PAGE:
Chromium It was known by the 1950s that chromium was needed in humans to control blood sugar, but it wasn’t until the 1970s that chromium’s main role in humans was found out. It came accidentally, as a result of a new procedure that had been introduced to nourish hospitalized patients who could not take in food by eating. This method of nourishment was designed to give patients all the things people need to maintain health until they could eat normally and get these nutrients from food. Some of the patients who had been fed intravenously for months developed a high blood sugar level just like diabetics (even though they weren’t). Then the doctors had to start insulin therapy to treat this diabetes-like condition and even then the insulin didnt work right! People already knew that Chromium was needed to keep normal blood sugar levels, so when they added the Chromium to the food solutions, there was an immediate improvement! The people didnt need insulin injections, and their blood sugars and other problems went back to normal. After a while doctors everywhere figured out that Chromium was needed in humans and they didnt make the old mistakes anymore. Trivalent chromium works with insulin to move glucose into cells, we dont know how else it works but we think it has to do with the insulin binding to their receptor sites. Chromium and Diabetes Three of the 17 good studies showed that there wasnt any benefit of chromium with diabetics, 14 did show blood glucose improvements in the patients.
The results were impressive: blood glucose, insulin levels, and cholesterol all decreased, with the higher dose (but not always). No one knows how tiny amounts of chromium could have such big effects on insulins actions and no one knows why this is so but they believe that chromium strengthens some things that happen between insulin and the body. In other words, it doesn’t work by making the body make more insulin, but instead chromium makes the insulin that is there work better in the peoples cells. For all the Health Nuts! An area of interest lately is the possible effect of chromium on body composition; or, how chromium affects the relative amounts of lean body mass (mainly muscle) compared to the amount of body fat. There have been positive results from studies with four separate animal species, pigs, lambs, rats and chickens.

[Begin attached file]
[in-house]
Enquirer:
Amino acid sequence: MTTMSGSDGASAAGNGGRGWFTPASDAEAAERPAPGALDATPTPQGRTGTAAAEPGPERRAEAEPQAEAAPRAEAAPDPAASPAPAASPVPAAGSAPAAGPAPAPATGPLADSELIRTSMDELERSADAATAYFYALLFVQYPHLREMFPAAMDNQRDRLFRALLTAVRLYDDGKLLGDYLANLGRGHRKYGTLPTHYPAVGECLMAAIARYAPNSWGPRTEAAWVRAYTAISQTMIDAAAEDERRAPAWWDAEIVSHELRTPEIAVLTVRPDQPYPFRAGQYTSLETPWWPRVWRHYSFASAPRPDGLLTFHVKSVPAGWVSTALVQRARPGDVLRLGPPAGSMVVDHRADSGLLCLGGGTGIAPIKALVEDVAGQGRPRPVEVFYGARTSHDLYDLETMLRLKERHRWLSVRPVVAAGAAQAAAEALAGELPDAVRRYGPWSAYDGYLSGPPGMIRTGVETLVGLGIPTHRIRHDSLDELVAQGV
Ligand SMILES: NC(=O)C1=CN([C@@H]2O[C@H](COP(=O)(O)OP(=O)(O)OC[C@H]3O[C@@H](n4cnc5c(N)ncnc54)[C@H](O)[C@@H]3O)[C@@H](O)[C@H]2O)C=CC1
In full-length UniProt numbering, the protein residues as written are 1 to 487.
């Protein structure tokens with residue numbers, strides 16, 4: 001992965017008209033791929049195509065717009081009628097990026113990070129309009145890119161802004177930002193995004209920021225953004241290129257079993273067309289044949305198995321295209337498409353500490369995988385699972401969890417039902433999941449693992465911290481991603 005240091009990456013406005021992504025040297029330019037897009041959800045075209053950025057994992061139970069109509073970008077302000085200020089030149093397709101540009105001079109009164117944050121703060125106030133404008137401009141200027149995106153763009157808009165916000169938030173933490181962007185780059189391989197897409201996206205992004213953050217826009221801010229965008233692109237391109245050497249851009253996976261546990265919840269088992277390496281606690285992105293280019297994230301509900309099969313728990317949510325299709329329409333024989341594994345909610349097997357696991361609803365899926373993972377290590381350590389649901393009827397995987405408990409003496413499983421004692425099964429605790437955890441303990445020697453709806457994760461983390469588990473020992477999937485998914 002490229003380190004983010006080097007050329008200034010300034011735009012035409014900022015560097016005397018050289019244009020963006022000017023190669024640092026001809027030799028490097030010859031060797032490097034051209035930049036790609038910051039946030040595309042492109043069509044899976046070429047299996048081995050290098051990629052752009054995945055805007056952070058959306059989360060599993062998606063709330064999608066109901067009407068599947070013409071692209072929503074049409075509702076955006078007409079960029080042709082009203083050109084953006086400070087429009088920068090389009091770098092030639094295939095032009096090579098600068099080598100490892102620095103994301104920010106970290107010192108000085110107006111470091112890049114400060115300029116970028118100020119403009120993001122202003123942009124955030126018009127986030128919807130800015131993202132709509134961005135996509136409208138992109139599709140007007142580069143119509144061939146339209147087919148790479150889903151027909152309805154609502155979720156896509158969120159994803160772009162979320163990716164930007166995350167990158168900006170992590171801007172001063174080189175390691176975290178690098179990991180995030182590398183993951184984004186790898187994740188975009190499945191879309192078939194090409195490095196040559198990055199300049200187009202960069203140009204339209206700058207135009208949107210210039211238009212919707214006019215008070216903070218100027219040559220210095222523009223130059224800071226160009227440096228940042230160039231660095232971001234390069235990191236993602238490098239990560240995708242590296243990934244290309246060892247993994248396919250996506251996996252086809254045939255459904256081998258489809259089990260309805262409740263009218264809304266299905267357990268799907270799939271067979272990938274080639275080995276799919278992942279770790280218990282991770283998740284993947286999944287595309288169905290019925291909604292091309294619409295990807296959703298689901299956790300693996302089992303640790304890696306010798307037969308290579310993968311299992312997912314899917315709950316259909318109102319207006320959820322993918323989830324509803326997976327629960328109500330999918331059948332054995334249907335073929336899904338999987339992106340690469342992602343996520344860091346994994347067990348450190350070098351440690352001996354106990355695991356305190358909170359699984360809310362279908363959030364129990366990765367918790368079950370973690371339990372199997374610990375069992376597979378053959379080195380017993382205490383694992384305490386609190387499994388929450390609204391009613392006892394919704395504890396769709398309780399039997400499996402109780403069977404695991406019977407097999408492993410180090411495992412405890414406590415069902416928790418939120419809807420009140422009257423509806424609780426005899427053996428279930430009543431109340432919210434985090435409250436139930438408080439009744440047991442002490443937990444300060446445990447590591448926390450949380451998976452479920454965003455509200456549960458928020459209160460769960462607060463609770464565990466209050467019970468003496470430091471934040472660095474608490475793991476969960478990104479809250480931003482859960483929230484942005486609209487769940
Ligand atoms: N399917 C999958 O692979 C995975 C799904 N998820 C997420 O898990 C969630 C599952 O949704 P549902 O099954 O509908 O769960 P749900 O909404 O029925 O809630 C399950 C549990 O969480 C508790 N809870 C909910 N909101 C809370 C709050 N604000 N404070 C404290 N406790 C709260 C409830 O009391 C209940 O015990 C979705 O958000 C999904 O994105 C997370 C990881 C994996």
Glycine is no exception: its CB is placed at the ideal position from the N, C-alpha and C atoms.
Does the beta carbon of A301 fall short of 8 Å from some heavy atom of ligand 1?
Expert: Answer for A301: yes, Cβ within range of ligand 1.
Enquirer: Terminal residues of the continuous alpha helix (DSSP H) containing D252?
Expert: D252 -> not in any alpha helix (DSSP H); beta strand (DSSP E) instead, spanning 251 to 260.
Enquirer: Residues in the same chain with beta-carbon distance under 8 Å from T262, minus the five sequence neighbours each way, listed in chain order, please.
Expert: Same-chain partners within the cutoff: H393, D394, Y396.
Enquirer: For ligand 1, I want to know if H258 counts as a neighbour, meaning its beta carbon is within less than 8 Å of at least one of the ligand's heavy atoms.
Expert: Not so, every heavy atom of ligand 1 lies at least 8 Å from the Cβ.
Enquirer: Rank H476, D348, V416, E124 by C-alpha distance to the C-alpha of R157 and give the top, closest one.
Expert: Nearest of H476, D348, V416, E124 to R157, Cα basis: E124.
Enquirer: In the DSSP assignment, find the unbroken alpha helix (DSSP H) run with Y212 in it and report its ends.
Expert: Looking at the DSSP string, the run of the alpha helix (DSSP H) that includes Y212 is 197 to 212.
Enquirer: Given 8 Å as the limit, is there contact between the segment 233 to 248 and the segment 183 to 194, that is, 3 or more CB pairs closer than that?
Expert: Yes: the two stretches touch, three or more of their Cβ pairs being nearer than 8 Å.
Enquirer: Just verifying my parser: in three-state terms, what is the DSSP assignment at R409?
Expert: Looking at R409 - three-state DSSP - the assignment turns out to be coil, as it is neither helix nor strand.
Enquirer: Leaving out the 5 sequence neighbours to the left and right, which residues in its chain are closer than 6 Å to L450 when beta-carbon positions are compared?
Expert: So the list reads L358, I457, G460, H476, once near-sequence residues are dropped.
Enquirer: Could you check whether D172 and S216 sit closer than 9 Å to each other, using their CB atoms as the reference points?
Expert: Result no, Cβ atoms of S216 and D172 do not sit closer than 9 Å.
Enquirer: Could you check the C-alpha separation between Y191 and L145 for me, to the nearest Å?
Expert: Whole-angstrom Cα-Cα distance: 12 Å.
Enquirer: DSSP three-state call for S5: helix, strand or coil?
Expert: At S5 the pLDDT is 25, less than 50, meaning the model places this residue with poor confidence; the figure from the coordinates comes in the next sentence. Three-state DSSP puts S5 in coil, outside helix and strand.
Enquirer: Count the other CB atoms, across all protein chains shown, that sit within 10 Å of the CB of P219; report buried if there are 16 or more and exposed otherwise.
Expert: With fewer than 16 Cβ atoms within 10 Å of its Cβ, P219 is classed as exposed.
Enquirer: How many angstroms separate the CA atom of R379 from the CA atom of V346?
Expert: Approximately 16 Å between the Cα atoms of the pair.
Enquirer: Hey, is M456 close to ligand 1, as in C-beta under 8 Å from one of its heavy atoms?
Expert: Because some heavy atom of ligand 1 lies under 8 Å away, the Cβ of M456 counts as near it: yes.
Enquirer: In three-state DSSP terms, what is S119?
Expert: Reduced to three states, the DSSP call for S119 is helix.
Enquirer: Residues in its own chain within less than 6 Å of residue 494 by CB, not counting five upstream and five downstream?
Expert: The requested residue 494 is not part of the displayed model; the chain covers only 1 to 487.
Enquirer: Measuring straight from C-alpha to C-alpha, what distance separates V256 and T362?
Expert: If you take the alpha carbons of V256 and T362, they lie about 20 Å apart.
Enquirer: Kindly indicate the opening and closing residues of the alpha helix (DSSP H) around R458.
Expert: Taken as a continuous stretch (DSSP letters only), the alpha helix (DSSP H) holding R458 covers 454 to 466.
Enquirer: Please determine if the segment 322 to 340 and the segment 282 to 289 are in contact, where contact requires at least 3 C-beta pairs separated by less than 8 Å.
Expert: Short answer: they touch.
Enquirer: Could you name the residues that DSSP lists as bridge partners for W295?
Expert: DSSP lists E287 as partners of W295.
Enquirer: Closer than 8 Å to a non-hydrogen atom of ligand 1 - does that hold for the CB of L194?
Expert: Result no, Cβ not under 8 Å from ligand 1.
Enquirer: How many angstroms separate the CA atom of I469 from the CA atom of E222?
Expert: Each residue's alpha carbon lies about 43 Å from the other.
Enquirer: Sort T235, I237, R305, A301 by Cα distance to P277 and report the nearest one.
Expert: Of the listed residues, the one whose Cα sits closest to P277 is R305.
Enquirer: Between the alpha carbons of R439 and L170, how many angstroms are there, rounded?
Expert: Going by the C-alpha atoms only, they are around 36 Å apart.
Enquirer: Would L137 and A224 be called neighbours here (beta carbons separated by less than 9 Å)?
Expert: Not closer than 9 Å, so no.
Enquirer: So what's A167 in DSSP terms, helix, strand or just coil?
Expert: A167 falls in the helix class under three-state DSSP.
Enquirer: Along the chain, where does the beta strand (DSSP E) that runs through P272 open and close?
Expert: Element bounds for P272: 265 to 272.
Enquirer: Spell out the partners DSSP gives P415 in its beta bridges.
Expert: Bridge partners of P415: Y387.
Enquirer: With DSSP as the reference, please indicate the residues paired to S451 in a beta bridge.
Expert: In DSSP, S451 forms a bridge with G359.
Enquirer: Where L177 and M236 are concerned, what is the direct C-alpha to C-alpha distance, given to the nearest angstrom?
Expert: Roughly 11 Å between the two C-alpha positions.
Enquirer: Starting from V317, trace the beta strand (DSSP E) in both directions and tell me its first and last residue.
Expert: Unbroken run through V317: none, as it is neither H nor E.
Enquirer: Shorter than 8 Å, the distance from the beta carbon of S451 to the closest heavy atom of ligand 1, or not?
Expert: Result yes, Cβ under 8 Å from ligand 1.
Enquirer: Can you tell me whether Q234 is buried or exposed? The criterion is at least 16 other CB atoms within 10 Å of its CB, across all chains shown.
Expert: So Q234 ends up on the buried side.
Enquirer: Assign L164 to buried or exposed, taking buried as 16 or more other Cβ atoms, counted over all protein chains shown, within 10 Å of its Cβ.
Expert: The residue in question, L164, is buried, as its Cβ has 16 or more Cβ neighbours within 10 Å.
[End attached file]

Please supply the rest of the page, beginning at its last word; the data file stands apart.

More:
They were given chromium picolinate. In all of these species, there were increases in muscle mass and decreases in fat. And, in the case of pigs, the results have been confirmed by many other studies. Unfortunately, for humans, the evidence was not as clear until just recently. Earlier Studies were not even conducted properly so we could not go by their results. But later studies used a large group of about average people and conducted a controlled experiment.
After a while there seemed to benefits to the control group and it showed to be a result of the extra Chromium intake! (I wish this was, totally the case because I myself am kind of a health nut) Humans Daily Intake of Chromium Info from U. S. government shows that most Americans get less chromium a day than the amount recommended by nutrition experts (the RDA Committee recommends 50-200 mcg of chromium/day; the vast majority of Americans get less than 50 mcg/day). Not many foods have a lot of chromium. The best foods are organ meats, mushrooms, wheat germ, broccoli and processed meats. It is thought that Stone Age people ate more chromium than modern people because they might have always eaten organ meats from the animals they hunted.
And it is most likely that they lost less chromium in their pee than we do. This is probably because Stone Agers didnt eat nearly as much simple sugars as modern people and simple sugar intake causes chromium to be lost in the urine. Americans consume about 120 pounds of sugar per year from regular eating! Another interesting thing is that in large numbers of people in the U.S.– chromium levels in our tissues lower over our lifetimes. In fact, the highest chromium levels are found in babies! Conclusion Chromium is an essential trace mineral for humans, as far as we know chromium deficiency might have direct effects on a societies obesity, diabetes, abnormal blood lipids, hypertension, and even coronary artery disease. Even though it is all controversial, many sources show that this information is correct.
Other Uses – To harden steel, manufacture stainless steel, form alloys. – Used in plating to form a hard, beautiful surface that is corrosion proof – Used to give glass an emerald green color (responsible for the green in Emeralds and the red in Rubies!). – Use as a catalyst – Tanning leather – Pigment (lead chromate [as chrome yellow]). – Compounds are used in the textile industry as Mordants. ? – Used in the manufacturing of aircraft to anodize aluminum. – The refractory industry ? uses chromite for forming bricks and shapes (it has a high melting point, moderate thermal expansion, and a stable crystal structure).
Bibliography – elements.nb.ca/index1.htm/ – chemicalelements.com/ – dayah.com/periodic/ – library.thinkquest.org/3659/pertable/.